One more year on the road for no-fault auto insurance?

Aug 18, 2011

The following article was published in the Florida Current on August 18, 2011:

One more year on the road for no fault auto insurance?

By Christine Jordan Sexton

As calls for tackling Florida’s personal injury protection program grow louder one influential lawmaker has made clear he doesn’t want to scrap the long standing system that pays $10,000 in health care costs regardless of which driver is at fault.

Rep. Bryan Nelson, R-Apopka, said he believes the program can be altered to address some of the problems that have been bedeviling the system if the Legislature were to adopt fee caps and utilization schedules and agree to limit attorneys’ fees, similar to what the Florida Legislature accomplished with workers’ compensation in 2003.

Nelson is chairman of the House Insurance and Banking Committee, which will likely hear any PIP related bills the Legislature tackles in the 2012 session.

“We need to give it one more shot and try to fix it,” Nelson said of PIP. “If we can’t fix it, then we’ll flush it.”

An insurance agent, Nelson said his goal is to reduce insurance premiums for Florida drivers by $1 billion.

Nelson is the latest politician to chime in on whether the state’s no fault system be eliminated or at a minimum retooled. Gov. Rick Scott said earlier this summer he could support eliminating the no fault insurance program but at a Cabinet meeting on Tuesday said he would wait to follow the lead of Insurance Commissioner Kevin McCarty.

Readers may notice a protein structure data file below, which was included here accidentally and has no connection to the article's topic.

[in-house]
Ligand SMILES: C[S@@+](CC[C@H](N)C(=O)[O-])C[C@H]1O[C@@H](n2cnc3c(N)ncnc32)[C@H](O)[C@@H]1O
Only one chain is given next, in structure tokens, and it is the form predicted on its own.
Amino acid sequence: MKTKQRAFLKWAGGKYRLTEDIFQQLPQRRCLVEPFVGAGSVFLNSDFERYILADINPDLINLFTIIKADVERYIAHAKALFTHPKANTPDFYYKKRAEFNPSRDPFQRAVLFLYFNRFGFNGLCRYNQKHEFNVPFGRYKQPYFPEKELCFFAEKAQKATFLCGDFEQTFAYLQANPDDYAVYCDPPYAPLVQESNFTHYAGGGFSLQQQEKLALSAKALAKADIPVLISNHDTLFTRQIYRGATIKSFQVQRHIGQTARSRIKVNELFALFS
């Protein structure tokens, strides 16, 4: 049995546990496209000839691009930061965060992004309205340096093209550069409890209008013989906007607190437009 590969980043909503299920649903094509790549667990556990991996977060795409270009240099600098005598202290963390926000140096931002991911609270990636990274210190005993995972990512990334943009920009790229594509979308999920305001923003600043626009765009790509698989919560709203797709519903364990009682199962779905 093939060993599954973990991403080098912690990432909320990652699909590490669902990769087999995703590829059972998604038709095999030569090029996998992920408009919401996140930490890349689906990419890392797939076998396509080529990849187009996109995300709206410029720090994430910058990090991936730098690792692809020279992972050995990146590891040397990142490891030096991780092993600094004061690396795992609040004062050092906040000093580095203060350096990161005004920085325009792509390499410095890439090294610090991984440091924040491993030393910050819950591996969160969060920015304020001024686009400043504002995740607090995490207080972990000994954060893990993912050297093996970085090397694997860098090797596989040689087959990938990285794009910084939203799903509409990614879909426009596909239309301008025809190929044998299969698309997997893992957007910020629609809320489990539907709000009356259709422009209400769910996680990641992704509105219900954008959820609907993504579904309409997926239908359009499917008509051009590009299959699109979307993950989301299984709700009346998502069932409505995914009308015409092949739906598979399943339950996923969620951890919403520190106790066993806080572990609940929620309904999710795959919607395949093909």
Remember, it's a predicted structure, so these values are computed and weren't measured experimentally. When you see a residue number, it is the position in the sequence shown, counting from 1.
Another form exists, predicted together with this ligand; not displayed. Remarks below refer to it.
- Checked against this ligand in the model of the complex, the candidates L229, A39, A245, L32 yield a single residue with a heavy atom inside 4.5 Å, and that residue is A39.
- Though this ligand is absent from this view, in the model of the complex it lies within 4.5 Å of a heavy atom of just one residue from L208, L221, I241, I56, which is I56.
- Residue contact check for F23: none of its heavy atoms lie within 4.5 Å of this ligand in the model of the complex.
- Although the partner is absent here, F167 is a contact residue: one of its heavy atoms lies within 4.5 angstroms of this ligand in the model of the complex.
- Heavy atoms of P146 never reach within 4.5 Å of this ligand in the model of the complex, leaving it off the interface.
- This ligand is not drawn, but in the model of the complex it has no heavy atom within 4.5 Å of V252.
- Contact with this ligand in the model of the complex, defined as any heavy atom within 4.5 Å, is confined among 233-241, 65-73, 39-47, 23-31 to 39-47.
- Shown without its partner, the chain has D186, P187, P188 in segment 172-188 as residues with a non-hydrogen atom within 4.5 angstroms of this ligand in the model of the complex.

McCarty–who has served as insurance commissioner under Govs. Jeb Bush, Charlie Crist and now Scott–said he was going to meet with legislators in the coming weeks to discuss the issue. 

McCarty gave a lengthy presentation at the Cabinet meeting showing that PIP benefits paid have increased by more than $500 million since 2008 even though the number of licensed drivers has remained steady and the number of accidents has dropped.

A decision was made in 2003 to allow the program to expire but a coalition made up of hospitals, health insurers companies and some automobile insurance carriers successfully lobbied to modify the program and have it reinstated into law.

When the insurance industry supported organization the National Insurance Crime Bureau released a report earlier this year revealing the percentage of questionable PIP claims in Florida rose 34 percent from 2008 to 2010 legislators once again re-examined the program in 2011. The NICB rated Miami, Tampa and Orlando among the top five cities in the nation for questionable claims.

The Office of Insurance Regulation also released the Report on Review of the 2011 Personal Injury Protection Data Call, which showed that costs in the PIP system are increasing and that PIP payouts have gone from about $1.5 billion in 2008 to approximately $2.5 billion in 2010. The OIR report also showed that Florida PIP claims involve about twice as many medical treatments than the average and the costs are $4,000 higher than the average costs.

Florida is one of ten states to have no fault automobile insurance program.

This past session PIP was just one of a whole long list of insurance related the Legislature tackled including sinkholes, homeowners and medical malpractice. In the end, the legislation fell by the wayside.

PIP isn’t expected to compete with other insurance issues in 2012 though, Nelson said.

“This is a huge issue and hopefully we’ll address it in a meaningful way, not a superficial way,” he said.

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